• Having site issues? Contact Dub@southernPolyurethanes.com

Curing lamps

#1
Something has been nagging me. But, enough about my wife.

If the Universal tech sheet says to bake at 110-120 for 10-15 minutes. How does this change with lamps, either med or short (there really isn't that big of a difference in the two).
Is temperature as important with radiant as it is with ambient curing?

Thanks
 

jlcustomz

evil painter
#2
Wondering a little bit about heat lamps myself lately since looking into getting a few for repairs, so been doing a little research.
Medium wave units, such as infratech's seem to be the most common sold for auto repairs. If I understand correctly, short wave is less efficient on power usage & generally runs hotter temps & not as even of a heating output as the tubular medium bulbs. But with either type what output model, how many, & how close to get wanted output would be as much of a factor as anything according to someone I spoke to at a single source store, which mentioned making my own setup with clamp on lamps & round bulbs to be an option.
I think common sense would say the worst thing would be having too much heat, especially too soon.
But that's research knowledge only, not firsthand.
 

Barry

Paint Fanatic
Staff member
#3
Shortwave should 95% cure two coats of clear in about 15 minutes.
A medium wave should do about the same in 30 to 45 minutes.

The safe way to do this keep the metal temp 110 to 120.
 
#4
This is just my own experience, and disobey Barry at your own risk, but I have found that as long as temps are ramped up slowly, towards the end of the cure, 140° is not a problem. It would be a problem to slam it up to that immediately, though. I know that surfaces can get well over that temp on a hot sunny day, for sure.
 

Barry

Paint Fanatic
Staff member
#5
Crash, I could see that working!
But I can also see 2-inch diam bubbles if brought up to temp to fast.
 
#6
We take some risks during cold weather because the humidity tends to be very low here. Bumpers covers that have to be flipped on their faces to assemble, for example, need to be cured up pretty well before handling. These will cure overnight at normal room temps but still need quite a bit of heat lamping the next morning.

I ought to invest in a shortwave lamp someday, seems like they make a world of difference.
 

Barry

Paint Fanatic
Staff member
#7
I have a shortwave I bought about 15 years ago and back then it cost about $1500 best I can remember give or take.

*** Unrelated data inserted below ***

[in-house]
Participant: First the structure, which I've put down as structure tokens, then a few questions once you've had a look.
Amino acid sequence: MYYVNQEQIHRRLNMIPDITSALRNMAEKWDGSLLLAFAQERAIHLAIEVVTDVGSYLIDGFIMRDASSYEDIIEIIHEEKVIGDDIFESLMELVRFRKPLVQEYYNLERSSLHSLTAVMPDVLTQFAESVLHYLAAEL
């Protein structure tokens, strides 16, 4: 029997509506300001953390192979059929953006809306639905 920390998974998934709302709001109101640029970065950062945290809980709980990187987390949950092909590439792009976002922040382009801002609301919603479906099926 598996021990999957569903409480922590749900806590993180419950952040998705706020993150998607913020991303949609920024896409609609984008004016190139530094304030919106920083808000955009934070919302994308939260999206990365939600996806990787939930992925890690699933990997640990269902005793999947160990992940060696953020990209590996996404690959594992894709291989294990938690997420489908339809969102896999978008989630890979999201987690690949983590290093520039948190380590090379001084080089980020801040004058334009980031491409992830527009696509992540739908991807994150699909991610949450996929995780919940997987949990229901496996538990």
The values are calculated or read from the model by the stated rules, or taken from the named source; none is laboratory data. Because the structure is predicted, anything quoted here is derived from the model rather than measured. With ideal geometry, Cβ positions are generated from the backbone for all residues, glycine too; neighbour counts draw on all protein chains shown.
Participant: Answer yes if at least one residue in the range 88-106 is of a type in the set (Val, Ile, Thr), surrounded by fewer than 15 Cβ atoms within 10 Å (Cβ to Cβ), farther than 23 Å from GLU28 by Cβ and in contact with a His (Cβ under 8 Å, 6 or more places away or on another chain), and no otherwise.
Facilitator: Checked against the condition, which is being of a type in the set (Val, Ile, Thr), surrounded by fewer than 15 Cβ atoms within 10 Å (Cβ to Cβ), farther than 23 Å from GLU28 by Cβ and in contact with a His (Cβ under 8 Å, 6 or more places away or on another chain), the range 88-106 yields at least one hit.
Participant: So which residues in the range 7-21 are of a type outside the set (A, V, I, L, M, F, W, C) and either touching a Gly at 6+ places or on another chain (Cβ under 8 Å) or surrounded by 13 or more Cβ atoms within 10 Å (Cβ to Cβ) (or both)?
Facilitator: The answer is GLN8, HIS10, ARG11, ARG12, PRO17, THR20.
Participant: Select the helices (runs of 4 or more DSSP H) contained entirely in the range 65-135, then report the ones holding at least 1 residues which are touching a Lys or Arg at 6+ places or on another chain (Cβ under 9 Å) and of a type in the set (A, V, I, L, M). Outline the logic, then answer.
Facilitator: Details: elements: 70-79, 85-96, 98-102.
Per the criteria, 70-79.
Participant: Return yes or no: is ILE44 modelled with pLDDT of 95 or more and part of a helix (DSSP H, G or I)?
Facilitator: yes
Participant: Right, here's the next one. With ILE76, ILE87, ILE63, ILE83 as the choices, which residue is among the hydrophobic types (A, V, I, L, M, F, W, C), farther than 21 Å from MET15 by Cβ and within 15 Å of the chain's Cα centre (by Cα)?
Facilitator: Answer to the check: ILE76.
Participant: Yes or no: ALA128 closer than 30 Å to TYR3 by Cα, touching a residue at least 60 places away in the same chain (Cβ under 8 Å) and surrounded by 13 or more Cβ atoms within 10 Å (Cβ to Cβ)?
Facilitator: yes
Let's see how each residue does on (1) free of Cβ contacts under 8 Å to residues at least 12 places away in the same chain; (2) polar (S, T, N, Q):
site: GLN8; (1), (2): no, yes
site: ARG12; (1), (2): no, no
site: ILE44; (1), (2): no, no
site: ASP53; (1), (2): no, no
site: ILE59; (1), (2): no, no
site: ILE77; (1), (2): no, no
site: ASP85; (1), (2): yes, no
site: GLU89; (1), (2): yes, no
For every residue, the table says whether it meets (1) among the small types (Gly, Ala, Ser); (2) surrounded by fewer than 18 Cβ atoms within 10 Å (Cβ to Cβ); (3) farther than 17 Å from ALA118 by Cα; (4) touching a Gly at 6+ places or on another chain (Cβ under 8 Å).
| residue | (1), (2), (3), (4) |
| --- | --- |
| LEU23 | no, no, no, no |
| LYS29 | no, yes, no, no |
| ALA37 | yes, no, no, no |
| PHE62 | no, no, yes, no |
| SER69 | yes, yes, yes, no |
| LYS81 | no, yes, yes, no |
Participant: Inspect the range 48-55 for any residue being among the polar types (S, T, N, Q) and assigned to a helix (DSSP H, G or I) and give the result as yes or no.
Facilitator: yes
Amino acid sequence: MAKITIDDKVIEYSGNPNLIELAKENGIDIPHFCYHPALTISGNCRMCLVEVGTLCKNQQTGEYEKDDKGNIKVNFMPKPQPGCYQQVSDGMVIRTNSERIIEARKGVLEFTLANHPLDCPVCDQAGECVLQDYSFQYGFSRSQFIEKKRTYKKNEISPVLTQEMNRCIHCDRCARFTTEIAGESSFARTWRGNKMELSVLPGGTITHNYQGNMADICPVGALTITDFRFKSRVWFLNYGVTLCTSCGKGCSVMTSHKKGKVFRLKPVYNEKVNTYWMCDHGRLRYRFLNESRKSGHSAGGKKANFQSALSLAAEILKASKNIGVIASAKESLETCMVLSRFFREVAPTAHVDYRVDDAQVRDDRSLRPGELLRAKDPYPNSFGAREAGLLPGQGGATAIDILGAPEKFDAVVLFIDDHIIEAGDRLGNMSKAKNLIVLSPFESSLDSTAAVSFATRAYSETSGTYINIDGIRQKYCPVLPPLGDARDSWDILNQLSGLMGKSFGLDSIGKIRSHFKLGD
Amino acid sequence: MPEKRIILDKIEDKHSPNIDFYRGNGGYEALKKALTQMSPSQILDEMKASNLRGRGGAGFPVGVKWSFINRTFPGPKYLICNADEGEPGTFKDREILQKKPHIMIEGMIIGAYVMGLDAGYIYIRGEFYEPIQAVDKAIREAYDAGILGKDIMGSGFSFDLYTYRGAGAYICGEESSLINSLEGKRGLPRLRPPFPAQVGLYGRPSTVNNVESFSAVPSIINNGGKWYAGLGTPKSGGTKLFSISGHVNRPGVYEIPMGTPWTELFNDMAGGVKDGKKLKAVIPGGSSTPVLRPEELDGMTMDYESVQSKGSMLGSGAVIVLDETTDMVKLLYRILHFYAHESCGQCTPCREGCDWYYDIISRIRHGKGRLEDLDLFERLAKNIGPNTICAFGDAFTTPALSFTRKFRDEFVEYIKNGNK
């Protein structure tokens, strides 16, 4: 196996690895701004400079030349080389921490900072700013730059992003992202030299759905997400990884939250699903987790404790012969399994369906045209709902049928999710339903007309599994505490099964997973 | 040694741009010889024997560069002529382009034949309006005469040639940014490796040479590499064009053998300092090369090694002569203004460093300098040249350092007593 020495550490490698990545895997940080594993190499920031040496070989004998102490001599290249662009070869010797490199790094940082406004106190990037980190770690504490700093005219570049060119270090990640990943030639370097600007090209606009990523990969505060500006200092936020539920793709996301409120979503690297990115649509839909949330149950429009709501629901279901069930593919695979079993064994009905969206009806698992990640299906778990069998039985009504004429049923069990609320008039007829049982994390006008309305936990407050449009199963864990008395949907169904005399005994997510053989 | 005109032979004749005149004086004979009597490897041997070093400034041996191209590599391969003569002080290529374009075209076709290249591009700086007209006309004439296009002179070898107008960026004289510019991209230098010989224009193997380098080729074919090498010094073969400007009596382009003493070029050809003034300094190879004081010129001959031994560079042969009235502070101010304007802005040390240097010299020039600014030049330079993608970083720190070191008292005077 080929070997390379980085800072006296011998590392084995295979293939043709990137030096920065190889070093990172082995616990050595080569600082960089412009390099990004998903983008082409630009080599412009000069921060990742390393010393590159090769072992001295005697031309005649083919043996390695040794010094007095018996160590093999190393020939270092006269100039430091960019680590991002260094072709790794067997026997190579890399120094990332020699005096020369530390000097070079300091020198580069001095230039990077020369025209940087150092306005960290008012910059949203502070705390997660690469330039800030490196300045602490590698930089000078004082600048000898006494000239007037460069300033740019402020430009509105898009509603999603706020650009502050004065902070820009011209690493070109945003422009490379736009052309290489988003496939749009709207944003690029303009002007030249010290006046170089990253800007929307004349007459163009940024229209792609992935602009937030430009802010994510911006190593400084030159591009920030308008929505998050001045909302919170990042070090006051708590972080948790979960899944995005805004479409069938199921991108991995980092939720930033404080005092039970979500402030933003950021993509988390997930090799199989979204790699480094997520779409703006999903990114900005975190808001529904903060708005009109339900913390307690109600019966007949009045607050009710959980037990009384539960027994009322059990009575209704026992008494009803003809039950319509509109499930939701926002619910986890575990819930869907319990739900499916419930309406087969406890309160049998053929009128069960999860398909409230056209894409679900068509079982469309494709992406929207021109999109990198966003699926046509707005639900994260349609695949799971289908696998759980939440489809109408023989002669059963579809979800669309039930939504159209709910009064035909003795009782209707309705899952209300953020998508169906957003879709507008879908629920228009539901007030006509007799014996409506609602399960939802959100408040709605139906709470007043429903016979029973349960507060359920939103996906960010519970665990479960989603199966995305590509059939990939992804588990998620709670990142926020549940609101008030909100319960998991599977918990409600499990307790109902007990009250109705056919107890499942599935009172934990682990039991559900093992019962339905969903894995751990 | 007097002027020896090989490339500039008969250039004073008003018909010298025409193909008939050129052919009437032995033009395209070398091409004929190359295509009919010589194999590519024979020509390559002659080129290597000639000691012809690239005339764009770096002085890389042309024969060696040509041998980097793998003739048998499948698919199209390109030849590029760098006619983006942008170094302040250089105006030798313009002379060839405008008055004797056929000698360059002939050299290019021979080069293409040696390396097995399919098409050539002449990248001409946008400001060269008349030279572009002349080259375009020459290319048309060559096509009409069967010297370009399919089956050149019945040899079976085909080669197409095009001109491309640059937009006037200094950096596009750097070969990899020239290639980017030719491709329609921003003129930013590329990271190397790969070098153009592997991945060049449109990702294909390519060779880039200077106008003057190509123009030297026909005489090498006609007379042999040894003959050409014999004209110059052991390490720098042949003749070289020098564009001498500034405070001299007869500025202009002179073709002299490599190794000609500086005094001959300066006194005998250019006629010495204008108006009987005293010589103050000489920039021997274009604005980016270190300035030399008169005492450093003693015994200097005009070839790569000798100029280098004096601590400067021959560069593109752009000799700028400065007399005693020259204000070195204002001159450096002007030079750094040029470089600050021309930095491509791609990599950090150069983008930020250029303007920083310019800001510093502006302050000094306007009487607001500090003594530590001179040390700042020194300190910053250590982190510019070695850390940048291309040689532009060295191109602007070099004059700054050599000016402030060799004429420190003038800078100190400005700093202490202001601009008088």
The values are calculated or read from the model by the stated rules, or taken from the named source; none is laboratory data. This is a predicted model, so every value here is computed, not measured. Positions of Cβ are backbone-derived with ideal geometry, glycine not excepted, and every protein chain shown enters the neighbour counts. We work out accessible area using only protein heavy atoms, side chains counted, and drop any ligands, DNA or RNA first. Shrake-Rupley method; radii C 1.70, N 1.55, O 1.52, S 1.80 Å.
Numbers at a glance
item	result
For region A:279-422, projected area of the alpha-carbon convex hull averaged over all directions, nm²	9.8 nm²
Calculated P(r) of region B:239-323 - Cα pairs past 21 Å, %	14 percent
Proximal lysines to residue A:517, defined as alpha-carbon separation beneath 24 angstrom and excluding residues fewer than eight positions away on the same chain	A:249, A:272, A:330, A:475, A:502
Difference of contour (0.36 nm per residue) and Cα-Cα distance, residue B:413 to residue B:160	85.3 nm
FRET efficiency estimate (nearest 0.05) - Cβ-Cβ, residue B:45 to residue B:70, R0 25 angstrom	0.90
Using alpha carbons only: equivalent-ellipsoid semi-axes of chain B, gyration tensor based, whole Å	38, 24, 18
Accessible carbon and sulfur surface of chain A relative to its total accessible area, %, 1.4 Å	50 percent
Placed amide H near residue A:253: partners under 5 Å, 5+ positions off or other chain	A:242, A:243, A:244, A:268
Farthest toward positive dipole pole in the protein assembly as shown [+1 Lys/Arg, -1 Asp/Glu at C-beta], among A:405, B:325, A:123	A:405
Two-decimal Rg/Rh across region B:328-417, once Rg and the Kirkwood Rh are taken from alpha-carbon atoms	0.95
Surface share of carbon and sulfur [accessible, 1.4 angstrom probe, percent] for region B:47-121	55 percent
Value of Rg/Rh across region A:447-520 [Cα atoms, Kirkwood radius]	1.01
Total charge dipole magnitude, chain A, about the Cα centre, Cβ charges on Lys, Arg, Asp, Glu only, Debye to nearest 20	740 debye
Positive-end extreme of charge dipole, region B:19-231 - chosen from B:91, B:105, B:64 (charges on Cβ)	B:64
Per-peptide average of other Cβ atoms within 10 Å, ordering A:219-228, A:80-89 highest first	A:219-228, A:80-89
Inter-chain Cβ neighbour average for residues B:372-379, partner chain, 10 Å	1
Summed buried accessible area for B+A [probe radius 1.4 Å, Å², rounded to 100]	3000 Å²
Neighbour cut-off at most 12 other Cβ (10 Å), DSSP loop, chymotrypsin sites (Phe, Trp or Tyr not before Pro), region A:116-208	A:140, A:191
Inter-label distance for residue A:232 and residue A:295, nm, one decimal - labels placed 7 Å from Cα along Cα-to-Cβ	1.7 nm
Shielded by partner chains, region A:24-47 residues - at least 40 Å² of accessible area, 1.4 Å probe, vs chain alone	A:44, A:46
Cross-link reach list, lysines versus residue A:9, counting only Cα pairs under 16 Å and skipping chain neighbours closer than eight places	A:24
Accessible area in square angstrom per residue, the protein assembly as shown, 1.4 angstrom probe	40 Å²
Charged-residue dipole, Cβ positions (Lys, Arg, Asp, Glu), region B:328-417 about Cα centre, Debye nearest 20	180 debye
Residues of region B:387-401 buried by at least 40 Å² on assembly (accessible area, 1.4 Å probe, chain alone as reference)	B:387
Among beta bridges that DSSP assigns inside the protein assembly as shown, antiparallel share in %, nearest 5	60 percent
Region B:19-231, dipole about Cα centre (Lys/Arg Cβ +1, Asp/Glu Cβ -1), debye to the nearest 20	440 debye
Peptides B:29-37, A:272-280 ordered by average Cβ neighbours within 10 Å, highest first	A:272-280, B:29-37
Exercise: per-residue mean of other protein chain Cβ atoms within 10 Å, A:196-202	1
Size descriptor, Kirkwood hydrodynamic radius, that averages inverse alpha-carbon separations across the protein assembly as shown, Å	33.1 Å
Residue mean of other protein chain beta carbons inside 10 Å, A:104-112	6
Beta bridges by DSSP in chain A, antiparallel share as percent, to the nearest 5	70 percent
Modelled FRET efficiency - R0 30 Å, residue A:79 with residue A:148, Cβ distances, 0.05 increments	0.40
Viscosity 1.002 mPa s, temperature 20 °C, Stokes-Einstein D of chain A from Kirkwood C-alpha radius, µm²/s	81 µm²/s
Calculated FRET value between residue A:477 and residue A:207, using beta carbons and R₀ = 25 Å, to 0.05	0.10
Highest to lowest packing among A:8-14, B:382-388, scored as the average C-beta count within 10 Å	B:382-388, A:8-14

It is very bulky but I liked it so much I sold my two medium waves and the baby handheld shortwave.
So many tricks and things you can do with these I don't know how any shop could not have one.
 

EddieF

Top Banana
#9
if short & medium wave were same watts side by side, would short wave be brighter to the eye?
Just wondering after all reading and tinkering i've done with different infrared leds for therapy, security cams, ect.
Shorter is brighter, long wave gets to end of what us humans see.
 
#11
I put in some research on this a while back and ended up buying the Infratech SR-1615-HT "high intensity" medium wave rather than a short wave. The higher output over the standard medium wave was attractive and the fragile nature of a short wave had me a little concerned (I am accident prone!). Also, the SW get up to temp so fast whereas the MW tend to ramp up slower (From memory). I'm just a hobby guy but the lamp sure is a nice thing to have around. Can't imagine a pro not finding one useful.
 

EddieF

Top Banana
#14
If any of you techy guys speak with a maker of heaters, ask if they know Nm (wavelength) range. It's a number like 650 or lower up to 1000's. Eyes don't see much beyond 750nm (deep red).
Set on low & give your back muscles 15min therapy session. Don't stare at it.
 
Last edited:

jlcustomz

evil painter
#15
Before I get into actual expensive fixtures, got one of these phillips bulbs and a metal clamp/hanging light with guard from homestore to play with on a mahogany wood door repair at work. Definitely need to grab me an infared temperature gauge to fully use it carefully. For what I personally need in my day job, I may be better off making my own setup with a row or double row of these. I don't see any of the infared specs listed though, but I assume this is a shortwave?
https://www.amazon.com/Philips-Heat-Lamp-Flood-Light/dp/B0066L0YJE
 
#17
@Danny23 , yup, that's the difference. I originally cheaped out and rapidly regretted it! If you want to go super cheap while saving up for a half-decent lamp, you might try @jlcustomz advice just above. They used to make lamp stands for those with multiple lamp sockets, but I don't think they make them anymore. In the olden days, we used to put regular flood lamps in the fixtures to light the paint area, provide some heat, and protect against blushing. You'd be surprised at how much warmth seven 250W floodlamps can put out, even if they aren't infrared lamps. They say even regular incandescent bulbs put out 90% heat and 10% light!
 

jlcustomz

evil painter
#19
Wondering what the main difference is between red & clear on the screw in infared bulbs?

Our local light bulb depot store also has 375 watt bulbs in clear &red. Couldn't get anybody last trip there that knew crap about infared bulbs.
 

EddieF

Top Banana
#20
My guess red heats deeper? I wonder too how clear bulbs are listed under infrared.
I suppose clear has infrared along with all the shorter waves when combined makes white-ish.
Remote control for tv uses infrared light above our range. They're above 900Nm.
Put your finger over end of remote infront of a security cam in night mode. See right thru finger.
 
Top